One of my favorite authors on Mental Health topics is Kay Redfield Jamison. I first read her An Unquiet Mind about 3 or 4 years ago. It impressed me because she was brave enough to discuss her own struggle with Manic Depression. Because despite what people may say about “enlightened” and accepting attitudes, there is STILL an incredible amount of discrimination against some diagnoses.
The openness of many high-profile Depression-affected individuals helped to erase the ignorance and attendant stigma associated with that diagnosis. Manic Depressives have not enjoyed the same acceptance. The last time I heard about someone with Manic Depression [or Bi-Polar Disorder] it was because they had “gone off their meds” and committed some high profile crime, i.e. a mass shooting, kidnapping a child, murder/suicide in a domestic arrangement.
Redfield broke new ground by telling about her disorder and how it affected her pursuit of an advanced degree. Since she is on faculty at Johns Hopkins Medical School, she may have an advantage in gaining the acceptance of her co-workers. One would assume, once she had tenure, she could say a LOT of things an un-tenured professor could not. I think her expertise in the psychological field is ENHANCED by her disorder. She has a view of Manic Depression from Both sides of the desk. Training new psychologists and psychiatrists, she is in a unique position to expand their understanding of future patients.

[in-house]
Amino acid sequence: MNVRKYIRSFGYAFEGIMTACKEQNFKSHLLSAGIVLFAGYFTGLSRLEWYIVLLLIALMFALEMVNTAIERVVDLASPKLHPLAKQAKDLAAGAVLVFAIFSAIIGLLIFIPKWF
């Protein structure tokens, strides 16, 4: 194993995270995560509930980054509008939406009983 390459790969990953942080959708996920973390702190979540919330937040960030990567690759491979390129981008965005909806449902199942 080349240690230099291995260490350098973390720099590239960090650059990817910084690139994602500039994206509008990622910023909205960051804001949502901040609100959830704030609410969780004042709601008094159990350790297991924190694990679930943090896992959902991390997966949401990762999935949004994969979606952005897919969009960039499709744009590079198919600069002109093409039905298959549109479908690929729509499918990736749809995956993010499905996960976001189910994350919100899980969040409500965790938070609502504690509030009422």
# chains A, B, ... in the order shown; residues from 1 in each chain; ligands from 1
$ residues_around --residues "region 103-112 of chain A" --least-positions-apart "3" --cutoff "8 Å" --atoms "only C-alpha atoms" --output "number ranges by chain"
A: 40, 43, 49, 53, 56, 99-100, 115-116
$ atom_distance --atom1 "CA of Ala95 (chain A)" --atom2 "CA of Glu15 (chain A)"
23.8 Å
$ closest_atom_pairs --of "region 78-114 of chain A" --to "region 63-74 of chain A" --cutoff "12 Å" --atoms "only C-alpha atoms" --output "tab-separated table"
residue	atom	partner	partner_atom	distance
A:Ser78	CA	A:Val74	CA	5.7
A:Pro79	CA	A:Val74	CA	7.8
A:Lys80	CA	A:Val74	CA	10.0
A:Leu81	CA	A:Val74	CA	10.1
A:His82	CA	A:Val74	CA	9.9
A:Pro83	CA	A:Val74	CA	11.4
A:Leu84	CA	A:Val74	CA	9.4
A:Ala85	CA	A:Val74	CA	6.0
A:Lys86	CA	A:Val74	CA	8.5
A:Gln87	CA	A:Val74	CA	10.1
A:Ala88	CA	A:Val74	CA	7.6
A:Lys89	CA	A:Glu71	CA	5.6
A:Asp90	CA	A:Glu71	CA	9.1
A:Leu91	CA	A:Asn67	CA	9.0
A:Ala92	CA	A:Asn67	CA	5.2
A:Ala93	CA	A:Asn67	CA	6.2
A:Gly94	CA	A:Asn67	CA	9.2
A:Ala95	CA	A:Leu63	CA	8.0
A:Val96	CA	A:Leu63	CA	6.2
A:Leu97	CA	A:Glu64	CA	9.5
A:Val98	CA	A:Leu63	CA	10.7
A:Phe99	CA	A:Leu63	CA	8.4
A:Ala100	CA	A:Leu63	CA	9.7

I want to talk about Manic Depression here. What it's like for the patient; what it's like for those close to the patient. There are some unique challenges to this disorder. You may have a Manic Depressive in your life who has been a mystery to you. You may work with one, for one, love one, or have your life impacted by this disorder, and not even recognize what's going on.
I want to make this, ideally, a multi-part posting. I will talk about symptoms and signs in one post. The next will talk about various treatment modalities. Yet another will address what it's like to live with a Manic Depressive and how to cope/ help them cope with those pesky mood swings.
SO, y'all think about questions you might have. You can leave them in comments, if you like. As I progress through this opus, I'll try to cover any questions posed, as well as writing about the subjects I outlined above.